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Boosting & Biasing

Using Domain Knowledge and
User Analytics in Apache Solr

Chris Hostetter

ApacheCon EU 2012




Solr Primer

Solr is "Search platform" that you can put documents into, and can then query in a variety of to get lists documents (and metadata about those lists of documents) back out via HTTP.

Solr Queries

q = +title:nightfall author:asimov^3
q = +nightfall asimov defType = dismax qf = title author^3 sort = user_ratings desc, score desc
qq = nightfall q = {!boost b=$b defType=dismax v=$qq} b = prod(popularity,awards)

The last example demonstrates using "Local Params" in a query string, in particular using variables to refer to other param values. Note also that defType is specified as a local param to control which parser is used when processing the nested query.

IR Primer: TF-IDF?

IR Primer: TF-IDF

TF-IDF(ish) Scoring

This is the default scoring model in Lucene/Solr (via DefaultSimilarity) but other scoring models (and other Similarity implementations) exist.

Thanks to Code Cogs for the equation SVG file (source)


Domain Knowledge

Any specific rules about your data that wouldn't be a suitable in a generic IR scoring algorithm.

In many domains of data, there are fundamental numeric properties that make some objects generally "better" then others.

You are the "Subject Matter Expert" not some soul-less algorithm.

Domain Knowledge Examples

More Subtle Examples

Popularity by association might involve computing a popularity for books that not only takes into account how often people buy that book, but also the overall sales rank of the author. Likewise, some "genres" (or categories) of books may be inherently more popular then others, so books in those genres might be ranked higher.

Examples of "manual rankings" might be a Newspaper editor recognizing that a particular story is a big scoop, so she "boosts" its scores for a few weeks; Or a librarian might see that a certain author was recently in the news, and boost all books written by that author for a few days to help patrons find them.

Using A Sledge Hammer

Ignore Score, Sort on X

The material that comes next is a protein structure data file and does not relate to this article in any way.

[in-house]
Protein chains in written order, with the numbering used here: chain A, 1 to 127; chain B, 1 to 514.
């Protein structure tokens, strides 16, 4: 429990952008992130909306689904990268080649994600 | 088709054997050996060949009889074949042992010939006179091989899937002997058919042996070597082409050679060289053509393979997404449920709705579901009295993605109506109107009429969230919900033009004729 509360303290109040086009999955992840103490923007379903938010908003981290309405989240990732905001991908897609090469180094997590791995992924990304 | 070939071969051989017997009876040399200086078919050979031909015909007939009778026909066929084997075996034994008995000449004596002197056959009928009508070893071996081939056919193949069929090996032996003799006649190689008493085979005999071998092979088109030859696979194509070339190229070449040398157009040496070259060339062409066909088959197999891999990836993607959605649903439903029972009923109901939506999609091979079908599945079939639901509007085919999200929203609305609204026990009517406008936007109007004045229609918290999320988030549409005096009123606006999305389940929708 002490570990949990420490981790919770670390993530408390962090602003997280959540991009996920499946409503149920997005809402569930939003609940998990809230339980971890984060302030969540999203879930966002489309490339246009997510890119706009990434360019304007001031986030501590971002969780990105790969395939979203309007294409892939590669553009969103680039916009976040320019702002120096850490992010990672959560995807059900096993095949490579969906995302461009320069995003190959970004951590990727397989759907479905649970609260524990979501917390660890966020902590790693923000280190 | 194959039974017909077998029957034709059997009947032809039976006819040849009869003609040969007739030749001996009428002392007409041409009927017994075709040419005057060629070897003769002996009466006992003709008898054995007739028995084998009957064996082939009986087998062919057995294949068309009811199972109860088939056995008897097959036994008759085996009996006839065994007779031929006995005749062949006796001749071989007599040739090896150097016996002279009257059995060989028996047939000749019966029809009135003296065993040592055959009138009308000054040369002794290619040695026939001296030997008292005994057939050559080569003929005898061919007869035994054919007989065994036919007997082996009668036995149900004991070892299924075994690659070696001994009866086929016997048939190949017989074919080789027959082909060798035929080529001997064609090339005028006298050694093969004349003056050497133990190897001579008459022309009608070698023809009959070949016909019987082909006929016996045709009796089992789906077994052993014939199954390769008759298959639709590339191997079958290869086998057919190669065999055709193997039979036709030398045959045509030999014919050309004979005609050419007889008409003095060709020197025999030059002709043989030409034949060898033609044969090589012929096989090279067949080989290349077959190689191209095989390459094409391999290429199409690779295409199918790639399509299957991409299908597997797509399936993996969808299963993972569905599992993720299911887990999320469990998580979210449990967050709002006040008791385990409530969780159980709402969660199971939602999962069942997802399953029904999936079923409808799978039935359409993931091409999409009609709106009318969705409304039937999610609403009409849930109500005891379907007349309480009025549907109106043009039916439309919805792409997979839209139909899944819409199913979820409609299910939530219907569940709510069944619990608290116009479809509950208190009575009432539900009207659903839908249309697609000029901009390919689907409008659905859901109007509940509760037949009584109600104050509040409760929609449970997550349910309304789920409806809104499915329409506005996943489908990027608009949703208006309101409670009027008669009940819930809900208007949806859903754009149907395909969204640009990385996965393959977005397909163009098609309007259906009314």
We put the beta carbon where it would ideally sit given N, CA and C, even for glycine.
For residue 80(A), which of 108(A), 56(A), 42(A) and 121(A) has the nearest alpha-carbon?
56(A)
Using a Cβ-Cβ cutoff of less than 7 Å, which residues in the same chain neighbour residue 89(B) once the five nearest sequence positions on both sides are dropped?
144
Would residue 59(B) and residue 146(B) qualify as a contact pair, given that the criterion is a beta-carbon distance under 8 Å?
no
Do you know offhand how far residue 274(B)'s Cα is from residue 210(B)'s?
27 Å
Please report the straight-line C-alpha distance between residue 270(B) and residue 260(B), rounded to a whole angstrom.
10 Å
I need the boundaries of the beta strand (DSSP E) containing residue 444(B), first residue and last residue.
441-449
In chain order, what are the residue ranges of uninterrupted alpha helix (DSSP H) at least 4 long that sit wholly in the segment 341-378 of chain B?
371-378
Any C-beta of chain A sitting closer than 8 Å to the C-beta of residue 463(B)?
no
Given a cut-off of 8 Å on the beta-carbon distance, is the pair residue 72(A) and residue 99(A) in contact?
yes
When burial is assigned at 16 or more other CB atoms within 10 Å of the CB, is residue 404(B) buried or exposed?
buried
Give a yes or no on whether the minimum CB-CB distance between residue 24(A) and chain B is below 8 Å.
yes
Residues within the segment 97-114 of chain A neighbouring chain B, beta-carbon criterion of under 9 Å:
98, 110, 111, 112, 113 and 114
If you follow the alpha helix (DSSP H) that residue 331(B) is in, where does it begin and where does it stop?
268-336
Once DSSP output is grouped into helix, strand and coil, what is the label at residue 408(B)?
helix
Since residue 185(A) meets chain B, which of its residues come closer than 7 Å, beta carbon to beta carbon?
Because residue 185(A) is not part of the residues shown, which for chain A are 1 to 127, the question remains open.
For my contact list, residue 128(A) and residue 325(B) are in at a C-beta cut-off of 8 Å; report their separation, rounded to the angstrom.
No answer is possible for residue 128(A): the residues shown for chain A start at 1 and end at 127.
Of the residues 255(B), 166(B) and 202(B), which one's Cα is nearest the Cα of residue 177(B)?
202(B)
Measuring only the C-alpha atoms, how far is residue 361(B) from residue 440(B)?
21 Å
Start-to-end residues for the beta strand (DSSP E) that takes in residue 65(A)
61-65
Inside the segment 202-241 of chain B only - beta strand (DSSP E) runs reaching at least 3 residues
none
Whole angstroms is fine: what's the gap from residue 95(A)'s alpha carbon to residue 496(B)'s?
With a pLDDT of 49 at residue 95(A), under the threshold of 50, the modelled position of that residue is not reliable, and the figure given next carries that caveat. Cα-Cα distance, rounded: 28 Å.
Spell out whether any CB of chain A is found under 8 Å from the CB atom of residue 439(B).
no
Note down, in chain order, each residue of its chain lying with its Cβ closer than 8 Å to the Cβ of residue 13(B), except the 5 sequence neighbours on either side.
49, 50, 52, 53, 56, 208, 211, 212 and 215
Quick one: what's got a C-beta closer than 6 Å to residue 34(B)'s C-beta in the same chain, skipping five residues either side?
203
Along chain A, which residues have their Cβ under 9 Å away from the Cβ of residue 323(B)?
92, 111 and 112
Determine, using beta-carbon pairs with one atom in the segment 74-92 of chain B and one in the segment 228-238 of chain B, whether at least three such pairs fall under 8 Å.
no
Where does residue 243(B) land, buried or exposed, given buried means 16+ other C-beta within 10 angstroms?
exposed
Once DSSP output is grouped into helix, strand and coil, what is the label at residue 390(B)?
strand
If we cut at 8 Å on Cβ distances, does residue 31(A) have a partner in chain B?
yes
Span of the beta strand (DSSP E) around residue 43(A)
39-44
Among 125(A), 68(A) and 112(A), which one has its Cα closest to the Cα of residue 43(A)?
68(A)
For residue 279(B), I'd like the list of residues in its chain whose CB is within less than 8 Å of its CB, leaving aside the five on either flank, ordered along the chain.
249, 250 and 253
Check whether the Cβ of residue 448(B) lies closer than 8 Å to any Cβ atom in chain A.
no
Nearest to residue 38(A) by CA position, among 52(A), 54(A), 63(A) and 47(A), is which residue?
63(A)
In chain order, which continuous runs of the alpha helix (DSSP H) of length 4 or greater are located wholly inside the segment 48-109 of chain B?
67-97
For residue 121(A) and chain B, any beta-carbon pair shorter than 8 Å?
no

sort = pub_date desc q = AOL Time Warner
Filter by X, Retry if 0 Results.
fq = rev_date:[NOW-6MONTH TO NOW] q = PowerBook
Magic Keyword Stuffing
q = __zz_catDoesNotSuck^1000 +(Windows 2000)

These are all real examples of sledgehammers I was "asked" to use at various times in my career before I started working with Solr.

"red_sledgehammer" created by Neil Robinson, available under Public Domain.

In The Dark Ages...

Palm 3 Palm 3 Palm 3 Palm 3 Palm Inc Palm Inc __zz_price_500_700 __zz_rating_1 __zz_rating_2 ... __zz_rating_7 __zz_pop_90
q = +(Palm) __zz_rating_1 ... __zz_rating_10 __zz_pop_10 __zz_pop_10 ... (10 times) ... __zz_pop_90 __zz_pop_90 __zz_pop_100

Just to be crystal clear, even if you are reading these slides at a later date: this is an example of something I was forced to do in the dark ages before Solr existed -- there is no excuse for anyone to resort to ridiculous bullshit like this in "The Modern Era"

Palate Cleanser

This elegant palate cleansing fractal image is available from Wikimedia Commons under the Creative Commons licenses.

Work With The Algorithm

An example of using SweetSpotSimilarity -- the reason it was created in fact -- is dealing with noisy data in a product catalog. You can customize the length normalization factor to have a "sweet spot" based on how long you expect a typical product name to be, rewarding documents for having a name that is not too short and not to long. Likewise you can customize the tf() factor in the score to mitigate the effects of keyword stuffing.

Boost Functions and Queries

Apply domain knowledge based on numeric properties by multiplying functions directly into the score.

qq = the user input q = {!boost b=$b defType=dismax v=$qq} b = div($good,bad) good = prod(rating,map(recent_clicks,0,0,1) bad = prod(price,cat_rank)